I was alerted to this list by this tweet.
I’m ashamed to say that I’ve not read many in total (ok, it’s one, and I bet you can guess which one). I’ve bumped into bits of the others, and ideas from them. That’s not to say that I have not read other books on education – obviously I have, and currently I’m finishing two that I started last year. I tend to read them more slowly – just as I do everything, as I find I really need to understand their arguments. It’s the same way with books on the philosophy of history. I once spent an entire evening going over one sentence in Developments in Modern Historiography. I did get it, eventually. I’m a slow reader, just as I am a slow blogger!
So, I wondered what else people might add to the list.
I’ll start with
Social Theory and Education Research: Understanding Foucault, Habermas,Bourdieu and Derrida Edited by Mark Murphy
Reframing Educational Research: Resisting the ‘what works’ agenda edited by Valerie Farnsworth and Yvette Solomon.
Oh, and I bought the Hirsch.
One of the downsides of running a workshop at SHP, apart from the wrenching fear of exposure as a fraud by your peers, is that you get to see less. For two sessions you’re talking to others, instead of listening to some of the best “CPD known to man”.
Even though I didn’t get to see other great sessions like this one:
I did get to brilliant fringe session by the great people at http://teachingwomenshistory.com and had the enormous pleasure of watching Ronan MacManus enhance the already brilliant ideas of Neil Bates:
The http://teachingwomenshistory.com session was fascinating. I met a fellow textbook author, Kate Moorse, and discussed writing with her. In conversation with her and other people I was amazed to find how little curricular freedom many teachers (especially new teachers it seems) have in their classroom. My own workshop is about planning direction rather than being forced to write complex detailed lesson plans for every lesson. It seems that in many schools professional freedom of movement is very limited, in terms of what is taught, and in terms of how it is taught. This, and the way that schemes of work and textbooks are constructed means that women are still sidelined in history. That isn’t news, but the subtle ways in which this sidelining takes effect were well brought out into the light by this session. As a writer this session certainly made me think, and made me determined to write differently.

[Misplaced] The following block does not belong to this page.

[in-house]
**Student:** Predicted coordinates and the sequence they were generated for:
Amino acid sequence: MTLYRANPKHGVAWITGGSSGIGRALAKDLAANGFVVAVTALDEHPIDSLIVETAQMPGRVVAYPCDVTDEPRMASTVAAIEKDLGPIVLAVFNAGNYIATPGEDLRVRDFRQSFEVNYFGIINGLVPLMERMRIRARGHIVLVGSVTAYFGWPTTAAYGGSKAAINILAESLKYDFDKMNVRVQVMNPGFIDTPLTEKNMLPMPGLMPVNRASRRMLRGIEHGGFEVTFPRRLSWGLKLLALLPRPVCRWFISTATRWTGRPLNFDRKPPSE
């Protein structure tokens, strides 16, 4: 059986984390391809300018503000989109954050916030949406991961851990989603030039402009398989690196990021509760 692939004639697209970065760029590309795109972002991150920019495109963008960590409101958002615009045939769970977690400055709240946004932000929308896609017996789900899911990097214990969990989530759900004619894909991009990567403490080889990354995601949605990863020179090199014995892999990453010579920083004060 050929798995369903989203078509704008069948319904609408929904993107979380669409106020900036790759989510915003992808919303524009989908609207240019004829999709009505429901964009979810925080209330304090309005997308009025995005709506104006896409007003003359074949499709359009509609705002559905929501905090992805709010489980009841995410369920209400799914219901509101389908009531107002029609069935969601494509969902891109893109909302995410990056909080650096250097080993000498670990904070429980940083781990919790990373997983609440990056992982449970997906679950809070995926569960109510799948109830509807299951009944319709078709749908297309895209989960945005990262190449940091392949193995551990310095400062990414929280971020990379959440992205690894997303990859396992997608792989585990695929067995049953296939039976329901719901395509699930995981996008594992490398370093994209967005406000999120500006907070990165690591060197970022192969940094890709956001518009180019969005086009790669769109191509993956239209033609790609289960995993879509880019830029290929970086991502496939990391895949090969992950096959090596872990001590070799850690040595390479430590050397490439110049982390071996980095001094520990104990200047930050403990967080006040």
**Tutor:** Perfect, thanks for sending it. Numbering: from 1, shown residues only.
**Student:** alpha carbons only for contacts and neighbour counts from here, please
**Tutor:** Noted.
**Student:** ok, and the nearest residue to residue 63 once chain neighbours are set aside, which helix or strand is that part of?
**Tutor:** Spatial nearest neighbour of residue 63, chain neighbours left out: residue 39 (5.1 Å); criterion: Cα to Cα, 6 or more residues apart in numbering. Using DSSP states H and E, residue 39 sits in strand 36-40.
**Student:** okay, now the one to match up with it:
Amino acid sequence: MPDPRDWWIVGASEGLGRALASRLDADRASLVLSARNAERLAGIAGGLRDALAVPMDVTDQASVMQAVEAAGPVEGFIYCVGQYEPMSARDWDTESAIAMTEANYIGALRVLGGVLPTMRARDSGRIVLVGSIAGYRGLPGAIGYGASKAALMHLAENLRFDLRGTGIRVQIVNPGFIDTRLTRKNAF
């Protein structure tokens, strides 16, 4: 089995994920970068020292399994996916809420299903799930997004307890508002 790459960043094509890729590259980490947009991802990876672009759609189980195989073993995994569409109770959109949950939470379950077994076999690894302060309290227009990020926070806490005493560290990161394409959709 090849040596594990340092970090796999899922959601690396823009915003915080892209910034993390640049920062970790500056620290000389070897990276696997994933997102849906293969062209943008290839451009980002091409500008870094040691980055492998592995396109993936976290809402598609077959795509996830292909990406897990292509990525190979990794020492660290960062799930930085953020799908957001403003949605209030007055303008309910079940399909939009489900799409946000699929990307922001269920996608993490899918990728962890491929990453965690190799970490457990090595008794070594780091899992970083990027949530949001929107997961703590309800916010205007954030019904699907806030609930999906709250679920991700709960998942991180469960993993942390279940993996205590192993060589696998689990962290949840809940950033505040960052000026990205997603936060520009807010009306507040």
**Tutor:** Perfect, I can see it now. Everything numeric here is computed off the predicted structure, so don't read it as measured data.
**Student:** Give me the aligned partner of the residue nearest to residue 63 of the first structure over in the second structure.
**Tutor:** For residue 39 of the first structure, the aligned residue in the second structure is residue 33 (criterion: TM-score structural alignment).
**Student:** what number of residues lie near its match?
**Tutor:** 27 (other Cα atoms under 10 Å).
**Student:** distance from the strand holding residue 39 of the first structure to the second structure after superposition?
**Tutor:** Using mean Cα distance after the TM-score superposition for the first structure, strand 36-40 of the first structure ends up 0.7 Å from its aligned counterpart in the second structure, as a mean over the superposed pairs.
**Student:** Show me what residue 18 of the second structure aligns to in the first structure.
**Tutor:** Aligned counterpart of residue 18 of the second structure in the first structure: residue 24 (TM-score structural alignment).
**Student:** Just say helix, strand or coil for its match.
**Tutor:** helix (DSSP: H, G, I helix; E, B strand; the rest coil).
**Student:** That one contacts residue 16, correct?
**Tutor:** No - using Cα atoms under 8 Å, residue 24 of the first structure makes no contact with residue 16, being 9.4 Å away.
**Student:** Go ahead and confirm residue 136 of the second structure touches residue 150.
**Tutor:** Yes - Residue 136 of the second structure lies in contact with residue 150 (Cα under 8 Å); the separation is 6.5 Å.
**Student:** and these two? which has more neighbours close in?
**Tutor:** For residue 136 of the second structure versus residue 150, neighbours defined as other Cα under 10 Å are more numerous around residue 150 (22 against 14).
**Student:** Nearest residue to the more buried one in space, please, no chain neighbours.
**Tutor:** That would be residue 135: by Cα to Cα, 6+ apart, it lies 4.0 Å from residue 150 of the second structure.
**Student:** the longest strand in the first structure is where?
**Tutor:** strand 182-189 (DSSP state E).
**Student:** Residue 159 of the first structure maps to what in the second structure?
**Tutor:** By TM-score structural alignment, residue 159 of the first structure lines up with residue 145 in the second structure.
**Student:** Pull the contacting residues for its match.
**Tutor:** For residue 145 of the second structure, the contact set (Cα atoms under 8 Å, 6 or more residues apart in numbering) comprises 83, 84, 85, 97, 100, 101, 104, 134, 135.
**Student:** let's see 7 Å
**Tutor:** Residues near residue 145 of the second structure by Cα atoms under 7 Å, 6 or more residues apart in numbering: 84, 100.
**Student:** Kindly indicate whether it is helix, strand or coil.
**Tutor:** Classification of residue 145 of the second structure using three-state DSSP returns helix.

Then, a real treat. I saw Neil Bate’s session last year, and really enjoyed the way that he used song to help grab students’ attention, and to make them think like historians. This session took that thinking one stage on. Neil and Ronan MacManus showed us some really practical ways in which the process of song writing can be used to help students think about how the past gets recorded, and relayed. Coming on the back of the recent reports about P4C having wider cognitive benefits, the similarities with Neil’s approach were made very clear. A song can be a way in to a topic, but it can also be a way of generating questions, ideas, doubts and directions for enquiry. The brilliant way in which this can lead to discussions about what gets included in songs, and what gets left out, could easily lead to discussions and activities about how the historical record (geddit?) is made. Oh, and Ronan has an amazing voice. The song China Boats brought a lump to my throat.
I really love SHP. The vibrant good nature, the supportiveness of the great friends that I’ve made over the few times that I’ve attended has re-inforced how valuable this community is. If only all subjects had SHP.